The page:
Inclusive Leadership Program

Inclusive Leadership Program

Students in a study group

An effective leader moves a person, a group, an organization, or an idea forward. They create a vision and share that vision in a manner that inspires and influences others to act in a manner that will ultimately help realize it. Lawyers, at their very core, are leaders because at the most basic level they are asked to move people (clients, opposing counsel, judges, and juries) to act in a manner that results in the realization of a vision or outcome that the lawyer has identified as the best approach to the matter at hand. In the business context, the CEO may be the one who ultimately envisions a future for their company; yet, it is general counsel who must develop a vision for how to achieve those goals within the confines of the law and with the best interests of the company and its stakeholders in mind and then convince the CEO that it is this the right path to take. These are just two very basic examples of ways in which lawyers lead, but they get to the essence of why every lawyer must prioritize developing their leadership acumen.

Students working with clinic clients

Lawyers are Leaders

  • Why: Lawyers must be able to lead themselves and others to thrive in the profession.
  • Program Benefits: Students enter the profession with the skills they need to lead in their work and in their communities.
  • Goal: Every Nebraska Law graduate understands how to leverage their strengths and the strengths of others to successfully lead themselves and others to advance justice, solve problems, and serve with integrity.

First-Year Program Outcomes

At the conclusion of their first year of law school, students will:

  • Have successfully established their foundational legal expertise.
  • Have developed habits that support their physical and mental wellbeing.
  • Know what they do best and understand how to leverage those strengths.
  • Have developed an understanding of how to work with clients from diverse backgrounds and cultures.

Upper-Class Program Outcomes

At the conclusion of their legal education, Nebraska Law graduates will:

  • Have acquired the legal expertise, analytical reasoning, and complex problem solving skills necessary for success in their professional lives. 
  • Have acquired influencing and advocacy skills.
  • Have acquired the foundational knowledge and understanding necessary to exercise proper professional and ethical responsibilities, and to serve with integrity.
  • Have acquired the foundational knowledge and understanding necessary to work successfully with clients from diverse backgrounds and cultures, and to collaborate successfully with other professions and professionals.
  • Be prepared to serve their community.

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Leadership of Self

A law student’s leadership journey begins with successfully leading themself through the 1L year. By developing academic and personal well-being practices, learning how to leverage their unique strengths, finding community, and learning how to view things through different perspectives, 1Ls are developing foundational knowledge and skills that will serve them throughout the entirety of their career. 

Personal and Academic Wellbeing
  • Attend Academic Success
  • Meet with a faculty advisor
  • Attend professor office hours
  • Participate in study groups
  • Become familiar with CAPS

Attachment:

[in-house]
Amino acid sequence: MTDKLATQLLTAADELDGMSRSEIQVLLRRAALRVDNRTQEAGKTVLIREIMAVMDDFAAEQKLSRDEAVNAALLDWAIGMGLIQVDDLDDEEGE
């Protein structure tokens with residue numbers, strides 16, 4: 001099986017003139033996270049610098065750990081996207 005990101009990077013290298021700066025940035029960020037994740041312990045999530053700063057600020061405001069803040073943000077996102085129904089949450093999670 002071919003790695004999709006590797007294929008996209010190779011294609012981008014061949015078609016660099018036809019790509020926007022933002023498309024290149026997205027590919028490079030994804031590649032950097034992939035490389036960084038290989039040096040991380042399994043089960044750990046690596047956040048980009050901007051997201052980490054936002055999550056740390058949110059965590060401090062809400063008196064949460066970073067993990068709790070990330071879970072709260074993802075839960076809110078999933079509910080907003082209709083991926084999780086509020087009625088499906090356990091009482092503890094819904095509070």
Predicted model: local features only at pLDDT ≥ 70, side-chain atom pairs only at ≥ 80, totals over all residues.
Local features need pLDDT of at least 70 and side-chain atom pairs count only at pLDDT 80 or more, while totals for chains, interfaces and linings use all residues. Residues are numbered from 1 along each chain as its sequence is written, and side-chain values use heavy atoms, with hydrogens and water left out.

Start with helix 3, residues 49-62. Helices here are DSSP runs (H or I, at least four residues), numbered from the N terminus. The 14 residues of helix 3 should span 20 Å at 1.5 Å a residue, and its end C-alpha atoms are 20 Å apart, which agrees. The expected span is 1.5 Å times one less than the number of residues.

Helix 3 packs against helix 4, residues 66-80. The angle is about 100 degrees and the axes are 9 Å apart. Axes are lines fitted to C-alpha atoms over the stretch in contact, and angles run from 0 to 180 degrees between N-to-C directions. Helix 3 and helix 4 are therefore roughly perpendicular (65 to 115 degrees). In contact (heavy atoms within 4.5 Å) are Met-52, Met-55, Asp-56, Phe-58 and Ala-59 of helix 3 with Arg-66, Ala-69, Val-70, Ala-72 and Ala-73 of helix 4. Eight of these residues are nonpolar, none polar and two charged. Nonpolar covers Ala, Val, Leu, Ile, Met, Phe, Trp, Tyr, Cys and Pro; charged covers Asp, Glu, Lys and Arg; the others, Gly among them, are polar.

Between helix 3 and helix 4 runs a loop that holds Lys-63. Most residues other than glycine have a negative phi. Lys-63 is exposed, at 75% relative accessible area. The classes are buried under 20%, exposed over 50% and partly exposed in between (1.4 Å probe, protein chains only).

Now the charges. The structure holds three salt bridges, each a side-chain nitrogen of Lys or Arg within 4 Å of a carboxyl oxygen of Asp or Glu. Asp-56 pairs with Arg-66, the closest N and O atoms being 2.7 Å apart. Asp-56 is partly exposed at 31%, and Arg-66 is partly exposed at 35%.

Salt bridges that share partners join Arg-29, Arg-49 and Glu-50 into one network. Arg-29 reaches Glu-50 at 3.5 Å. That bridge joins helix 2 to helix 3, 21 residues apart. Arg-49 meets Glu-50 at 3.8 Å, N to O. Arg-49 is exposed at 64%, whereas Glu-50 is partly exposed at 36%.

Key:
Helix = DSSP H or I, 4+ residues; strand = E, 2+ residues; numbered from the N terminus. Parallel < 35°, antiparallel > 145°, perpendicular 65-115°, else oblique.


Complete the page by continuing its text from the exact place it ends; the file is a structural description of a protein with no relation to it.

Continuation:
• Develop a consistent exercise routine
  • Maintain good nutrition
  • Participate in a Mentor Program
Personal Strengths
  • Complete the StrengthsFinder
  • Attend a strengths coaching session
  • Successfully complete Legal Analysis, Writing and Research
Diversity, Equity and Inclusion
  • Attend the required 1L session on DEI
  • Participate in a DEI One Vital Topic session
  • Participate in a discussion on how your personal strengths relate to DEI
Finding Community
  • Join a student organization
  • Attend a Nebraska Law community-building event
  • Register as a student member with the Nebraska State Bar Association
  • Participate in a pro bono activity

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Leadership of Others

Upper-level students build upon what they have learned during 1L and begin to practice what they have learned in addition to learning how to lead and influence others. This learning occurs through coursework as well as through real-world application in externships, clinics, and pro bono opportunities, as well as competitions and student organization leadership.

Influencing and Advocating

  • Successfully complete Negotiations
  • Successfully complete Client Counseling
  • Successfully complete Advanced Legal Writing
  • Successfully complete Mediation
  • Successfully complete Trial Advocacy
  • Successfully complete a clinical experience
  • Participate in a competition
  • Lead a student organization
  • Participate in a Strengths advocacy training
  • Participate in the 2L inclusive leadership advising program
  • Participate in the Board Leadership Externship Program
  • Complete an Externship
  • Participate in a pro bono activity
People at a boardroom table

Board Service Leadership Externship Program

  • Second-year law students serve a one-year term in a non-voting seat on a nonprofit board of directors. They will learn how nonprofit organizations operate, the roles and responsibilities of board members, and the roles lawyers play in the leadership of communities and community organizations.
  • The faculty supervisor will work in partnership with on-site supervisors (also board members) at the Child Advocacy Center, Food Bank of Lincoln, LUX Center for the Arts, Malone Center and Mourning Hope Grief Center to identify goals for the student extern.

Learn About the Program